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Market Penetration And Your Indie Band

Posted on the 19 November 2017 by Indiemusicpromo @urbandisavirus

Something that I think is really hard to appreciate about the world of music is the market penetration. This is something I think about a lot in terms of trying to get smaller bands access to larger markets ad then simultaneously trying to sort why certain people aren't diving into the music that is pretty much tailor made to their interests. It's one of those things that's really hard to properly communicate because when it comes down to it, anyone who would bother to write about this sort of thing and its impact on the music industry is probably somehow involved in the industry, so obviously their perception is going to be a little bit skewed. So bear with me through this article as we try and hash through what market penetration means for you and how you can take advantage of it in order to properly develop your brand on a higher and more developed level. There's a ton of people out there - why do so few of them care.

The issue of course is that music on an independent level is a hobby, even if you are just a fan. There are tons of people who don't play instruments who still attend countless shows and who invest thousands of dollars into the scene in the form of tickets and merch and find that the majority of their social interaction outside of work is driven by music. That's pretty much the definition of a hobby right? When it comes down to it, underground music is like cooking a fine meal. It's not that hard or expensive to actually get into, and there's a lot of very tangible benefits both socially and personally but it comes down to the time investment. This is a conversation I have a lot with one of my best friends who happens to be a chef. Just as he doesn't understand why I don't make my own mustard or tomato sauce because it's cheap and easy, people like us don't understand why he isn't spending a little bit of money to go see one of his favorite artists.

What I think makes this especially interesting and also especially frustrating is that we live in the age of discovery of small name musicians. If you get picked up by Spotify Discover Weekly it doesn't matter if you only play 3-4 shows a year. People are going to be digging into what you have to say and that's kind of a huge deal. The thing is - so many of these artists who get featured on relevant playlists then try and act on it and go out and play shows only to find that people aren't actively out there attending, and that when it comes down to it, getting 100,000 spins on Spotify doesn't necessarily mean a whole lot about whether or not people are going to be legitimately interested in you guys coming out to do something. That's where you have to sit back and evaluate the technographics of the people using music discovery software. I mean yes it allows people who weren't music nerds before to get to dig into the good stuff, but the folks really capitalizing on this and making an effort with the new bands they discovered were probably really into music before music discovery apps dominated the marketi. Those people are out there, but there aren't a ton of them, and they are getting drowned in stuff - and this leads to the next big problem.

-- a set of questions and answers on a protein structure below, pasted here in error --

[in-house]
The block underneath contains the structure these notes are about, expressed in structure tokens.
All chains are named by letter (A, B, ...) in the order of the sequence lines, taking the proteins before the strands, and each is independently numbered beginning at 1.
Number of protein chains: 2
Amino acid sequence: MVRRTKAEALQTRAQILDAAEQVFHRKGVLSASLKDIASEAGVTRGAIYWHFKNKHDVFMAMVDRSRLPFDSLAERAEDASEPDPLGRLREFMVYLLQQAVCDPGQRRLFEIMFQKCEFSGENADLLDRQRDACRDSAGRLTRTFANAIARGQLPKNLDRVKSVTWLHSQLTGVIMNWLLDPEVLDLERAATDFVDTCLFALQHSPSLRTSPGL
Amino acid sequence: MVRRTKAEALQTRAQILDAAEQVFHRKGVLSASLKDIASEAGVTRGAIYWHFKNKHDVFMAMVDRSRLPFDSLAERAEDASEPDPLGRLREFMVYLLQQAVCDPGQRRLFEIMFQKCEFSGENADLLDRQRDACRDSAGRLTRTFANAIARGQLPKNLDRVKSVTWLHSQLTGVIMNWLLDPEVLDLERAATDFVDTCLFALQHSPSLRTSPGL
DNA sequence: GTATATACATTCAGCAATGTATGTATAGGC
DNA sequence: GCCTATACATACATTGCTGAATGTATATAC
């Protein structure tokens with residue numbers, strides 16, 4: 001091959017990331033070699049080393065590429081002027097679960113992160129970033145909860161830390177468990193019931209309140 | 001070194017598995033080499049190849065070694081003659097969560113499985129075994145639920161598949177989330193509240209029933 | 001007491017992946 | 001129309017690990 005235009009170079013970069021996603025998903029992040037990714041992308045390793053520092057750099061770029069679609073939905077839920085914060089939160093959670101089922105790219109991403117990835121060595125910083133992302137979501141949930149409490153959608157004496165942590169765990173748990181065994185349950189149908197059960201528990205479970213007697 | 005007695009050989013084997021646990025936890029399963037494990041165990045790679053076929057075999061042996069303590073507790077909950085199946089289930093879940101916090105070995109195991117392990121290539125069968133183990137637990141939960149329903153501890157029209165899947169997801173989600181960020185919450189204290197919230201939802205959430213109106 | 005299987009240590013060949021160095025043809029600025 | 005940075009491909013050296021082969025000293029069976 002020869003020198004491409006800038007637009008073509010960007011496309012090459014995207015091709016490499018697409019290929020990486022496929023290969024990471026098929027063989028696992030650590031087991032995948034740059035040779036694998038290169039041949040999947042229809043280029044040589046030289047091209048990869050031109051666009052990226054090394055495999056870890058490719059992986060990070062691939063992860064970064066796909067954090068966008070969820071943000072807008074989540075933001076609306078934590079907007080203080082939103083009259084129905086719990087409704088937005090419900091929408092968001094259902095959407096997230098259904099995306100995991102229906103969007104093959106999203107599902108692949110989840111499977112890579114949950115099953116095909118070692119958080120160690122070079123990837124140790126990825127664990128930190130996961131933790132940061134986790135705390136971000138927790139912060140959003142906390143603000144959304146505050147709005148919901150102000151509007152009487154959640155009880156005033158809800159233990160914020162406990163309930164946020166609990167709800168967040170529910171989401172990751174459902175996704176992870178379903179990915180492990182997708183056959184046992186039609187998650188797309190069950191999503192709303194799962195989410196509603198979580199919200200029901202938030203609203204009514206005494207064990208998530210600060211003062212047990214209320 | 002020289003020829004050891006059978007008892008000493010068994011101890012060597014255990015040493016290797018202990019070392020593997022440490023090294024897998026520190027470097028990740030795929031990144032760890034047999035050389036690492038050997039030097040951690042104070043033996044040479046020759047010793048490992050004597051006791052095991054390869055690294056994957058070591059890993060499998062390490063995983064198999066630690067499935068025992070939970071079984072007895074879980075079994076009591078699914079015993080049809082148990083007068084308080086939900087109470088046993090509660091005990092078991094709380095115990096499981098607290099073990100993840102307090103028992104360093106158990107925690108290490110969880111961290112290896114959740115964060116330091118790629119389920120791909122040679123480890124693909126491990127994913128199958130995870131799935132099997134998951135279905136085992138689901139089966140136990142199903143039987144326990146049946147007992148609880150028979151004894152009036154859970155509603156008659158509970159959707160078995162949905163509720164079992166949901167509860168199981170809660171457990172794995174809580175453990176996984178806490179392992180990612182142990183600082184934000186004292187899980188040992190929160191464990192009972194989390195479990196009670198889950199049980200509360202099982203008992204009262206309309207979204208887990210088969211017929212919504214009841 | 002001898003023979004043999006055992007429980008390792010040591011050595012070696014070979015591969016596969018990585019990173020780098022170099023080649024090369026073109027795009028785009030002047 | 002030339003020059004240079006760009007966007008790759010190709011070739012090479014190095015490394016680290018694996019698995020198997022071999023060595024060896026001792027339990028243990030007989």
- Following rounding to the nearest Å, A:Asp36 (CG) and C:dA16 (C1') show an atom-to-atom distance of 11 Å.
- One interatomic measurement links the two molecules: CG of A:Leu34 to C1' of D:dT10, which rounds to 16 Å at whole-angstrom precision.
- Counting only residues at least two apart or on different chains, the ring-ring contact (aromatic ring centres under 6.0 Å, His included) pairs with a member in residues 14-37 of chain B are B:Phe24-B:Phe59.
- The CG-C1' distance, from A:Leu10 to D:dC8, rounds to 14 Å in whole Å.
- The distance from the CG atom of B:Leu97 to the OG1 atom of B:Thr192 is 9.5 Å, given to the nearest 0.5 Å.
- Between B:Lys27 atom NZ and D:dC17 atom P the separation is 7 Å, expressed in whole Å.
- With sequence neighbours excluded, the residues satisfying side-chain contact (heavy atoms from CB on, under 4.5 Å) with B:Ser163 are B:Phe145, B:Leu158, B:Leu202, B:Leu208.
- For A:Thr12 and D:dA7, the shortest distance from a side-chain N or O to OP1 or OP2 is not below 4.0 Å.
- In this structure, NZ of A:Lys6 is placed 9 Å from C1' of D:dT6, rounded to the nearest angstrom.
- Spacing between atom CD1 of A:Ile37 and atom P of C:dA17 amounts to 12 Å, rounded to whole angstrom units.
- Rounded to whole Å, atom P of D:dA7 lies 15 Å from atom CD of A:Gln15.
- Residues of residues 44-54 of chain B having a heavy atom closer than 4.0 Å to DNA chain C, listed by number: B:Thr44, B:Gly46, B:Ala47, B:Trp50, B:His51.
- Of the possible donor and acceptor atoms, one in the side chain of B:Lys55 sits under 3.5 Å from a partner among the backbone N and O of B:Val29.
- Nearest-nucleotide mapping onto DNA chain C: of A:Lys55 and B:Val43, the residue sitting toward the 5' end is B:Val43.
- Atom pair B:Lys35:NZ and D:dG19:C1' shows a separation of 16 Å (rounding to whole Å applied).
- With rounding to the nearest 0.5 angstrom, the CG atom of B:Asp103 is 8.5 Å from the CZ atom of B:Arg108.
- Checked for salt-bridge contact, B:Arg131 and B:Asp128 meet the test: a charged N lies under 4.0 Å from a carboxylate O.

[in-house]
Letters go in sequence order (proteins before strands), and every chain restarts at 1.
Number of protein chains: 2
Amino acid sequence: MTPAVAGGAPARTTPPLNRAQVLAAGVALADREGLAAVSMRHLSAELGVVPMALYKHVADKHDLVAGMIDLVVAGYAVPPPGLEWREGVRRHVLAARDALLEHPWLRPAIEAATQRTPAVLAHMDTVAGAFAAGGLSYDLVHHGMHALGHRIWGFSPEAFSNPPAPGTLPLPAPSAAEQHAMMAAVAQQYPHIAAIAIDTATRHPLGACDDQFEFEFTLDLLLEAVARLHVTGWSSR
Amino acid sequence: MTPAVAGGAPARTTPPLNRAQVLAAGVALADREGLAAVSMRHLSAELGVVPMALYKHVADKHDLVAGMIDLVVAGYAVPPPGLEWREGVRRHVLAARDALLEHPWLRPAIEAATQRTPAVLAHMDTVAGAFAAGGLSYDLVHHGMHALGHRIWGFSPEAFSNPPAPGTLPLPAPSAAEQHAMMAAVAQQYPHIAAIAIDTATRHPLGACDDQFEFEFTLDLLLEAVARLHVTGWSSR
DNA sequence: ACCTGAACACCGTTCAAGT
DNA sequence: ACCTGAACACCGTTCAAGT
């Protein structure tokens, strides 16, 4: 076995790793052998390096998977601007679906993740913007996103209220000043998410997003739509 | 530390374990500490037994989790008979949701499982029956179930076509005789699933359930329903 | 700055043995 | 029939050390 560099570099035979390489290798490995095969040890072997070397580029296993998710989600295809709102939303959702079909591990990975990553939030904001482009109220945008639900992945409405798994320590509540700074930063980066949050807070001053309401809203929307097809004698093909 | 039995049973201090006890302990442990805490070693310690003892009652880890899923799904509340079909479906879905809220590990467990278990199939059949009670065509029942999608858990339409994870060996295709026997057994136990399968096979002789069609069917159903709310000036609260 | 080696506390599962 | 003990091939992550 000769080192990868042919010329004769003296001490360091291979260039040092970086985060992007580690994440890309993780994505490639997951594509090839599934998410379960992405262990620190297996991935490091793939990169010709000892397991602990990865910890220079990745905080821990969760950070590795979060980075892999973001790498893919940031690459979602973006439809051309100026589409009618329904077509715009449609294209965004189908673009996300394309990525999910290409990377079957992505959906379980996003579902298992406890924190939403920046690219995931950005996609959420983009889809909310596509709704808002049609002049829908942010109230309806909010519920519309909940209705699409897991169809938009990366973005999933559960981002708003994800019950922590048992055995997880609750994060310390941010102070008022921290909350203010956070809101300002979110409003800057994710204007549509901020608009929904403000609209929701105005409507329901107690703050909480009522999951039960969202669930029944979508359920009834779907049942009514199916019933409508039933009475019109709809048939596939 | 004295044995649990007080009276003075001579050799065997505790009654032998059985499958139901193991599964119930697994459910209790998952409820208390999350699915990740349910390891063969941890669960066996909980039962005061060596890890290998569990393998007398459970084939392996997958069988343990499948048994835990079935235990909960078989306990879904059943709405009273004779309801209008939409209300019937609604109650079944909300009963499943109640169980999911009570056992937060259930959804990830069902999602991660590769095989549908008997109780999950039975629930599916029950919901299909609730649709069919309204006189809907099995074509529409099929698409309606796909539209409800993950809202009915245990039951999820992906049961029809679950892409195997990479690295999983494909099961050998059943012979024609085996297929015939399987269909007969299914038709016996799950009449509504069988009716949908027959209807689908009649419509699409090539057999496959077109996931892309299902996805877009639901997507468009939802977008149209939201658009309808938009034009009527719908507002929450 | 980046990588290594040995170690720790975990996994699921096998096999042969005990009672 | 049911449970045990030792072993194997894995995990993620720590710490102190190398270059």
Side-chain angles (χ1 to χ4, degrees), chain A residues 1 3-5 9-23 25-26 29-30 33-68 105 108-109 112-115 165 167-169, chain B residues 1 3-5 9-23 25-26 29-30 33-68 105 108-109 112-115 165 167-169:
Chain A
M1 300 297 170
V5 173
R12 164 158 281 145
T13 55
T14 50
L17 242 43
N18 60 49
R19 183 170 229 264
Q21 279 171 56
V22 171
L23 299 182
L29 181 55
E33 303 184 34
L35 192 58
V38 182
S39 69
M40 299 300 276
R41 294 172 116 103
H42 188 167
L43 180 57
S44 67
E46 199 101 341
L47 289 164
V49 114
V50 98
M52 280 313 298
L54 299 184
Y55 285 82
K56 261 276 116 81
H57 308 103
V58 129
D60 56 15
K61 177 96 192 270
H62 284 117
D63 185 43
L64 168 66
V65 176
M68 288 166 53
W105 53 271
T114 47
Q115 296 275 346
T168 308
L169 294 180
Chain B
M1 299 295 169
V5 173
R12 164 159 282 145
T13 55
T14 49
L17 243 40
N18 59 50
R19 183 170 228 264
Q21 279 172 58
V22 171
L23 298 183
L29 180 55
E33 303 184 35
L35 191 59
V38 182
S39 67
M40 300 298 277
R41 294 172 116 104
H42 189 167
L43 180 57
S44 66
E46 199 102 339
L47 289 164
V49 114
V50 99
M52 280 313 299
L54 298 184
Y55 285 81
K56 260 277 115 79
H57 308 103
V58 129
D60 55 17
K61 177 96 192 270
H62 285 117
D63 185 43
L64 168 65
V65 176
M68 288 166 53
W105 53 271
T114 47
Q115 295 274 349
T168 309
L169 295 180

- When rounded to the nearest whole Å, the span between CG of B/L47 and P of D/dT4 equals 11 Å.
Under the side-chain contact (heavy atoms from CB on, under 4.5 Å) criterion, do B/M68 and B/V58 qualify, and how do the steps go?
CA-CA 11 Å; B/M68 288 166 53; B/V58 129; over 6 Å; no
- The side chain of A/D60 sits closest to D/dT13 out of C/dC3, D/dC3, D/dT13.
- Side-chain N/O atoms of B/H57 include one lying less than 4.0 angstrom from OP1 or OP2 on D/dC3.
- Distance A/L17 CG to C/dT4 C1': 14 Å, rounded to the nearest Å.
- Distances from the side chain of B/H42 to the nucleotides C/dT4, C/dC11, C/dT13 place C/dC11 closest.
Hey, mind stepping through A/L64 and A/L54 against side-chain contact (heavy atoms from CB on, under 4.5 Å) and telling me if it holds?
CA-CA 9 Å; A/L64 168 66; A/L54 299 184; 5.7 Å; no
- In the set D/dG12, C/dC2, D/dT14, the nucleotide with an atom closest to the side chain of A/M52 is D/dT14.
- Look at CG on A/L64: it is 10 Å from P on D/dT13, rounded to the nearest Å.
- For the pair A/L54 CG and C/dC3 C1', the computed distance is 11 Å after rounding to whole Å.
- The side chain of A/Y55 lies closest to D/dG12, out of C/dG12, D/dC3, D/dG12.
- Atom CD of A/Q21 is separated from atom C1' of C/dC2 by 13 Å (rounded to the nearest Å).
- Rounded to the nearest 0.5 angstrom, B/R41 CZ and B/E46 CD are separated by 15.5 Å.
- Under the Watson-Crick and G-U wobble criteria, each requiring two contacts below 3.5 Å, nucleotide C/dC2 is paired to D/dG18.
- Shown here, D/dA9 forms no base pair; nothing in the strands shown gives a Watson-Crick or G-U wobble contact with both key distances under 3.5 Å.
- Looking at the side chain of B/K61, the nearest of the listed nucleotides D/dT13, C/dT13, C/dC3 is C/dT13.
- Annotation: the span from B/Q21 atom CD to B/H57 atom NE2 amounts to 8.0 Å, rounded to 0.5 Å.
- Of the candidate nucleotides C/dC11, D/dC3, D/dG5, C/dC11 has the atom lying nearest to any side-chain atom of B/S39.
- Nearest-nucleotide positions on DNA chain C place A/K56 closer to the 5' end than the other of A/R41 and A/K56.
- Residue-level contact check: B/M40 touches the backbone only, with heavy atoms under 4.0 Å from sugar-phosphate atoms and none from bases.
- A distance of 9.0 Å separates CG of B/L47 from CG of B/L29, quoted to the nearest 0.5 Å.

I manage metal bands for a living. One thing I find myself explaining the smaller ones is why people don't turn up at shows, even in big markets. Here's how it breaks down. A huge metal fan would be someone who attends five shows a month and buys a piece of merch at every show. So you'd be looking at someone spending $150-200 at shows monthly before drinks. Which is cool, we need those people for the metal scene to survive. But how many of those people do you think a city can hold? And if you are a pretty minor band you're probably mainly catering to those superfans of the genre and they can only financially support so many shows. It's a shitty situation I know and I'm not trying to diminish what bands or fans are doing - I'm merely forcing us to look at some of the raw numbers that are quite unpleasant when you have to really sit down and think about their implications over the long term.

Reaching out and figuring out how to get market penetration in a world where people seem to routinely discover new music but never act upon it. This is where we start to find serious issues. Sure you occasionally have people like Lorde who rose to prominence after she got featured on a few major playlists and that's a really cool thing, but her model isn't really one that you can hope to regularly reproduce. I think the key right now is to tie your music into other things, other brands, other ways of being, and of course to tour your ass off. If you get on someones music discovery radar they are going to remember your name, and if you're busting your ass on the road then they WILL turn up. Sure there might not be a lot of them, remember 100,000 people listening to your song one time isn't a huge win, but it's a win nevertheless. It means that somewhere down the line you will be able to expand, transcend and hopefully take over the world.

This isn't a fun industry to be in a lot of the time and I think that the sheer taunting of market penetration is a huge part of it. We all listen to music and it's constantly in our lives, but the thing is that we so rarely notice it and it's always the same set of 100 or so artists who get all the attention, making it ridiculously frustrating when you're out on the road and not getting any love. This industry is a circle jerk and while there is huge market potential breaking through to the other side can feel impossible. Sit down and think about penetration within your genre though, and try to develop in a realistic and meaningful way. Slow and steady wins the race, day by day and struggle by struggle.


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